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YIVO Announces Publication of the Milstein Conference Proceedings: “New York and the American Jewish Communal Experience.”

February 28, 2014

The YIVO Institute for Jewish Research is pleased to announce the publication of the Milstein Conference Proceedings, “New York and the American Jewish Communal Experience,” published with the generous support of the Howard and Abby Milstein Foundation and the Paul and Irma Milstein Foundation. The new volume, edited by Fruma Mohrer and Ettie Goldwasser, contains 8 scholarly papers based on the Milstein Conference which took place at the YIVO Institute in November 2009. The contributors are Ellen Kellman (Brandeis University), Kirsten Fermaglich (Michigan State University), Marsha Dubrow (The Graduate Center, CUNY), Judith Tydor Baumel-Schwartz (Bar Ilan University), Myuki Kita (Kitakyushu University), Rebecca Kobrin (Columbia University), Beth Cohen (California State University, Northridge) and Roberta Newman (YIVO Institute for Jewish Research).

Fruma Mohrer, Project Director of the Milstein Jewish Communal Archive Project at YIVO commented:

“The publication of the Milstein Proceedings is an exciting and successful culmination of the Milstein Project at YIVO. To carry out this project, YIVO drew upon its decades of experience as a repository of American Jewish communal and organizational records and collaborated with the 92nd Street Y, F.E.G.S. Health and Human Services, the Educational Alliance, Surprise Lake Camp and N.Y.A.N.A. The project succeeded in bringing together many sectors of the New York Jewish community and in achieving a consensus on the importance of preserving its archival heritage. Mohrer concluded: “We hope that this volume published by YIVO and which was inspired by Howard Milstein’s passion for the preservation of local Jewish history will make a permanent contribution to academic research about the historic role of New York social and communal agencies in the 20th century.”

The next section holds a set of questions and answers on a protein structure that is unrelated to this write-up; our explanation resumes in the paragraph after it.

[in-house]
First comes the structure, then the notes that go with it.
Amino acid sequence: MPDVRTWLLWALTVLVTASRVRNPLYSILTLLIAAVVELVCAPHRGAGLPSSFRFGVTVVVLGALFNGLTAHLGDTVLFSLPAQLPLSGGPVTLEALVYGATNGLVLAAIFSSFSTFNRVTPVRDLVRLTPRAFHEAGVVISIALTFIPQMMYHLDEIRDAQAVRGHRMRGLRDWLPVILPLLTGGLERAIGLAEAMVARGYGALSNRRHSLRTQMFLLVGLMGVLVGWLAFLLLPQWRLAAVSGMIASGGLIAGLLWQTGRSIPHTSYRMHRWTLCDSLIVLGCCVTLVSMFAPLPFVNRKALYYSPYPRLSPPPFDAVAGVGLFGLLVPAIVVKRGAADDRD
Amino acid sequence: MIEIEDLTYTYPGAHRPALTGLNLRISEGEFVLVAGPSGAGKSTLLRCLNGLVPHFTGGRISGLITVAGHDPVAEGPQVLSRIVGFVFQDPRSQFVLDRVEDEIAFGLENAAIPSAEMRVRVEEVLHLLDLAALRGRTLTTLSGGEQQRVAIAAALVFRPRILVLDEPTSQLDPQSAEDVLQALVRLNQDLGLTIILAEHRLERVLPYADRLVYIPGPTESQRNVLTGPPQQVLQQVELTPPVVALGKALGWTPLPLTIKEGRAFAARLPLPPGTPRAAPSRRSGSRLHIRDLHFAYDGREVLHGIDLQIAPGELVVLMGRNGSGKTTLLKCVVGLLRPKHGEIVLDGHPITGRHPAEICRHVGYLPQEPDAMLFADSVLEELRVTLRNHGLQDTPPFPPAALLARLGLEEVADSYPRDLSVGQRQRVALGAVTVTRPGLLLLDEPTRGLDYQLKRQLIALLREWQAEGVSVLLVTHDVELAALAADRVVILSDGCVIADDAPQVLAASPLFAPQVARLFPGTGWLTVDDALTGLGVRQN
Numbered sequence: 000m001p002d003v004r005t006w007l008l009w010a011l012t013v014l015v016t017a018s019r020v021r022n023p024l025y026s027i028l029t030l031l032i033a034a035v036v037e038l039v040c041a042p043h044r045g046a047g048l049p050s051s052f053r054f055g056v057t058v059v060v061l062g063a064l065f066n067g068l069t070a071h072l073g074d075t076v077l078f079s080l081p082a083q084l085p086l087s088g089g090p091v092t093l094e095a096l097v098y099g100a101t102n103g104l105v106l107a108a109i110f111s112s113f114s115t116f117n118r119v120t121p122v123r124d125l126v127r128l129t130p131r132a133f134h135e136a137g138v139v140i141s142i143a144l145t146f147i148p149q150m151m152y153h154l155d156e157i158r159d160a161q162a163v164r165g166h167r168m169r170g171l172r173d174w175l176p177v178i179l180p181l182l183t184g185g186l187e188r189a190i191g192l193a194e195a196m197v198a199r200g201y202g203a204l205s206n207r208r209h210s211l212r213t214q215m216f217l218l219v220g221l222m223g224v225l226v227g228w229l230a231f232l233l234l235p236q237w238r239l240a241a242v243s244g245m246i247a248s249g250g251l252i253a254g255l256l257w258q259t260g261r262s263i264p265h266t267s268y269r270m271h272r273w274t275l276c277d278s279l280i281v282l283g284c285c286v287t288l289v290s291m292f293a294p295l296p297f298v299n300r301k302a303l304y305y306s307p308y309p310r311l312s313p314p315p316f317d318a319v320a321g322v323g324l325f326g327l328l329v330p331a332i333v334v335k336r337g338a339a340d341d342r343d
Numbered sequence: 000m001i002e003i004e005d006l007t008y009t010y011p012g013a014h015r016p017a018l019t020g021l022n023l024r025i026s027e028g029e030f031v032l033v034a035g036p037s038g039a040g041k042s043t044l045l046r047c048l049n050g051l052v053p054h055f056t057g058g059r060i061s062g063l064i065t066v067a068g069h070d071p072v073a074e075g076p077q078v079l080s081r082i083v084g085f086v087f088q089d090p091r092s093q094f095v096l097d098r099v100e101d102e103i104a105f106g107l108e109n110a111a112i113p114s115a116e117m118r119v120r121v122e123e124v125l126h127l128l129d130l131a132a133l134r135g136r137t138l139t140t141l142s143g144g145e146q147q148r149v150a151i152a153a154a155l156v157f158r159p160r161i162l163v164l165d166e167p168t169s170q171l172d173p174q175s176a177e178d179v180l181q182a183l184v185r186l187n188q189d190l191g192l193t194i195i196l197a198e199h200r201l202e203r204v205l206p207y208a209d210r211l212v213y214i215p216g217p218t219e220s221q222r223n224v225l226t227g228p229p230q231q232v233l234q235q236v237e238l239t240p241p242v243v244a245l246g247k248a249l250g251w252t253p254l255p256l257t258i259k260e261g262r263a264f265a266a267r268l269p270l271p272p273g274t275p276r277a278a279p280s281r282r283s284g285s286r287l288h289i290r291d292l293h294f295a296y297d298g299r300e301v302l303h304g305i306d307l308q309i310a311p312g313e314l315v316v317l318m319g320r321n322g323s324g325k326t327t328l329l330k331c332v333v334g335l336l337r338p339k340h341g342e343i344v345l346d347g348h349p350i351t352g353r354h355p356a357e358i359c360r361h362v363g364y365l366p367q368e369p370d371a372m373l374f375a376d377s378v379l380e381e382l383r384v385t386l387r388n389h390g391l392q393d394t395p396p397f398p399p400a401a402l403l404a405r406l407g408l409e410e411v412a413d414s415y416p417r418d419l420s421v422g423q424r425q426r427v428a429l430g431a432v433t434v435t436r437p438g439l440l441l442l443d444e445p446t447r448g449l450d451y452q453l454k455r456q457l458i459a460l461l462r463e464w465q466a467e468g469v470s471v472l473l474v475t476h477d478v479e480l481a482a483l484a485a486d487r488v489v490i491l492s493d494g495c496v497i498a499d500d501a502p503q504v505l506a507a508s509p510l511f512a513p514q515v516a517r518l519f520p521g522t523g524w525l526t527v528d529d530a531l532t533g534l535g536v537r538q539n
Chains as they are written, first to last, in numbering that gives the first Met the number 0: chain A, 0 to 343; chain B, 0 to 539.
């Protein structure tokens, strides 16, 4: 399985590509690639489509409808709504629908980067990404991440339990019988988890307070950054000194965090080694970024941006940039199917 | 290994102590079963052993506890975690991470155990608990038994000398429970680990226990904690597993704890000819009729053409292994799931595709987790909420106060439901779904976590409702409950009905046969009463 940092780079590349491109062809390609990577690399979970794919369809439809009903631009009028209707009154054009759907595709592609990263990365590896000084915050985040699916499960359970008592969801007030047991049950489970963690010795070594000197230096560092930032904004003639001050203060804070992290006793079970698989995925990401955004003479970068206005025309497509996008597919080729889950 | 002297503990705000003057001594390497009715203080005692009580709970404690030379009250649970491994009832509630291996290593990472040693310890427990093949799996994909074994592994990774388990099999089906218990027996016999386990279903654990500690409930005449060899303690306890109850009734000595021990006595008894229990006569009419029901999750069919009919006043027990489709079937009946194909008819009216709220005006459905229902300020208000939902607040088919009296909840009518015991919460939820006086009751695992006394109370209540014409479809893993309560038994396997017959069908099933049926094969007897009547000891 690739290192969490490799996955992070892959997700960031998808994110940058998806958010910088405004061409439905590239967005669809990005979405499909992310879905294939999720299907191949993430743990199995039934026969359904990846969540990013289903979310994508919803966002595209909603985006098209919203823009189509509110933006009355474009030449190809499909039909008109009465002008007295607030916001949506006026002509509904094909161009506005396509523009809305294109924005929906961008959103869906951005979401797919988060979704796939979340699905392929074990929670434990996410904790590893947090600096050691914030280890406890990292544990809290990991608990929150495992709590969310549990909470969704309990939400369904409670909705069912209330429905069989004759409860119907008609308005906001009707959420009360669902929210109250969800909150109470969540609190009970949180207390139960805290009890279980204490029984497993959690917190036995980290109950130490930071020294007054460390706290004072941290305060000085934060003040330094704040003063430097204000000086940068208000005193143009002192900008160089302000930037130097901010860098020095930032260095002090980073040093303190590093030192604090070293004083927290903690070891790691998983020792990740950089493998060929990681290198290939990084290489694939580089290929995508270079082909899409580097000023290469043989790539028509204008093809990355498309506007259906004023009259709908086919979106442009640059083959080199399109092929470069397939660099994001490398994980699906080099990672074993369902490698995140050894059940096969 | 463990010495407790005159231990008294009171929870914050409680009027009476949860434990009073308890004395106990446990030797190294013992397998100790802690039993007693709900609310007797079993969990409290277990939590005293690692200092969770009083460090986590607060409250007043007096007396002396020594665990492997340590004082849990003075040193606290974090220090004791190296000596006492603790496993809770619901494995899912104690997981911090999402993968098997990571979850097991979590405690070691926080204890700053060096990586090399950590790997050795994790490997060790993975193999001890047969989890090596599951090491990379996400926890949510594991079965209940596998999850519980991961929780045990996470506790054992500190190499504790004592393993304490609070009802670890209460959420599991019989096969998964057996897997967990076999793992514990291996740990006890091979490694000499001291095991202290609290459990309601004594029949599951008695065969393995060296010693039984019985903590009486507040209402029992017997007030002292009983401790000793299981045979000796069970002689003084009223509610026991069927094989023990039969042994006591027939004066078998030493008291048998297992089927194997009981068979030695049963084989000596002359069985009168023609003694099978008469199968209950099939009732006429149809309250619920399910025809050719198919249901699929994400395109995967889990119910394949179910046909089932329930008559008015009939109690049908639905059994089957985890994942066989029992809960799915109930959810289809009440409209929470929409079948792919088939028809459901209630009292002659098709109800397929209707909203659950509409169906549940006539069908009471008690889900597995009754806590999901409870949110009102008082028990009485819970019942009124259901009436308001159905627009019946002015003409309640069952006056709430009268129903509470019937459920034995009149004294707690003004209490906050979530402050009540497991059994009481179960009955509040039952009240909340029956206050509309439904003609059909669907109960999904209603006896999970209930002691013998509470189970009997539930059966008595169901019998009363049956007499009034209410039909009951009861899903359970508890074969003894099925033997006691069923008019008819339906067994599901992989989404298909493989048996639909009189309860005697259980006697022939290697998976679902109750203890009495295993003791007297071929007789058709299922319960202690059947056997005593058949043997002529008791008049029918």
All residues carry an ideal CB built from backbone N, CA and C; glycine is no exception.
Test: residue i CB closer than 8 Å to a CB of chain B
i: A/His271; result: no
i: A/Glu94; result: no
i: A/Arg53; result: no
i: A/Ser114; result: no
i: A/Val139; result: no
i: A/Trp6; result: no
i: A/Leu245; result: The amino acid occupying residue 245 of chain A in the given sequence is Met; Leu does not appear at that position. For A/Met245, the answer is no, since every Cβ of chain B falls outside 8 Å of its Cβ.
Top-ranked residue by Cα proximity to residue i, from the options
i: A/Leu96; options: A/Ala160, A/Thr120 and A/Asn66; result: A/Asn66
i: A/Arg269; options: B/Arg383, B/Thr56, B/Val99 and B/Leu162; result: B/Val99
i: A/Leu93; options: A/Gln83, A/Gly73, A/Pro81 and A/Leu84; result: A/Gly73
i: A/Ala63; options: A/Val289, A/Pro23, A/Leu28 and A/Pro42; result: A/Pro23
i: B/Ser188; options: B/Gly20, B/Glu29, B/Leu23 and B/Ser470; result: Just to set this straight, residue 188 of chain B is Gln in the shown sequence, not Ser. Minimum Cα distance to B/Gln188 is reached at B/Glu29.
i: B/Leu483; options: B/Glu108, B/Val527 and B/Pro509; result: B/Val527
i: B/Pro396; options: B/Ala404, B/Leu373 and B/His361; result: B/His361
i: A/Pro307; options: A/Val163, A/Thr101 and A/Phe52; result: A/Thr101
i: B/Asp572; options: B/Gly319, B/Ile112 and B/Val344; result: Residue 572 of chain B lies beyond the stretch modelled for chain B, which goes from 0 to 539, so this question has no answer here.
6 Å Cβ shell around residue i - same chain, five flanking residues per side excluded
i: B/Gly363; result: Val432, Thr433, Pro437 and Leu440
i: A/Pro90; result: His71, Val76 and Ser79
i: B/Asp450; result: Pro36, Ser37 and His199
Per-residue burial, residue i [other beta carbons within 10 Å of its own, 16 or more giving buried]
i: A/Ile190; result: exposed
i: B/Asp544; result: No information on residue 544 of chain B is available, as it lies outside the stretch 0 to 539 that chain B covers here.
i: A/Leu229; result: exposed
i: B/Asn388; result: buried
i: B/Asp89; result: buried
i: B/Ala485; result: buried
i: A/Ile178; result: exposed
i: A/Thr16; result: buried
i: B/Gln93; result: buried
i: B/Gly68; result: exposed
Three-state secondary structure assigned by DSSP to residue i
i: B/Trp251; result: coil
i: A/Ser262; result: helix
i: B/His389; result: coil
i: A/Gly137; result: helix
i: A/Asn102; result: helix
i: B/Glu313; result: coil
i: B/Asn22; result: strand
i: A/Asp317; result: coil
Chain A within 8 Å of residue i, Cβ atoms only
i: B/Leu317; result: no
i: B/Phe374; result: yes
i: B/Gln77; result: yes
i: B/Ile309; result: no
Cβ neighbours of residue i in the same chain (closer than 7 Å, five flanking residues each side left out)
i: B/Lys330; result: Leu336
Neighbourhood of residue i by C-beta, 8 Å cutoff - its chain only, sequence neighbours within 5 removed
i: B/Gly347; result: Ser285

“As the third generation of a family that helped build New York City, this exploration of our city’s contribution to the American Jewish experience is one that reverberates strongly for us,” added Howard Milstein. “It’s an ennobling story of the communal organizations that enabled waves of immigrants to rise above their circumstances and enter America’s mainstream.”

The YIVO Institute, which holds more than 10,000 linear feet of American Jewish communal records, is particularly rich in records of American Jewish relief and migration organizations active in a variety of significant causes, such as the reconstruction of Jewish life in Europe after World War I and the rescue of Jewish refugees world-wide from anti-Semitism and Nazi persecution. YIVO holds records of agencies involved in assisting children and their families, organizations active in promoting Jewish education, and agencies active in the defense of Jewish and human rights in the United States and abroad. Among YIVO’s many communal collections are the records of the Hebrew Immigrant Aid Society, the Educational Alliance, the German Jewish Children’s Aid, the National Refugee Service, the JDC Archives, the American Jewish Committee Archives, the YIVO Landsmanshaftn Archive (records of more than a thousand immigrant mutual aid societies), the Workmen’s Circle Archive, the American ORT Federation, the American OSE Committee and many others.

To see the website YIVO launched as part of the Milstein Family Jewish Communal Archive Project, go to www.milsteinjewisharchives.yivo.org.

For information about obtaining a copy of the Milstein Proceedings, write to archives@yivo.cjh.org or call 212-246-6080, extension 6124.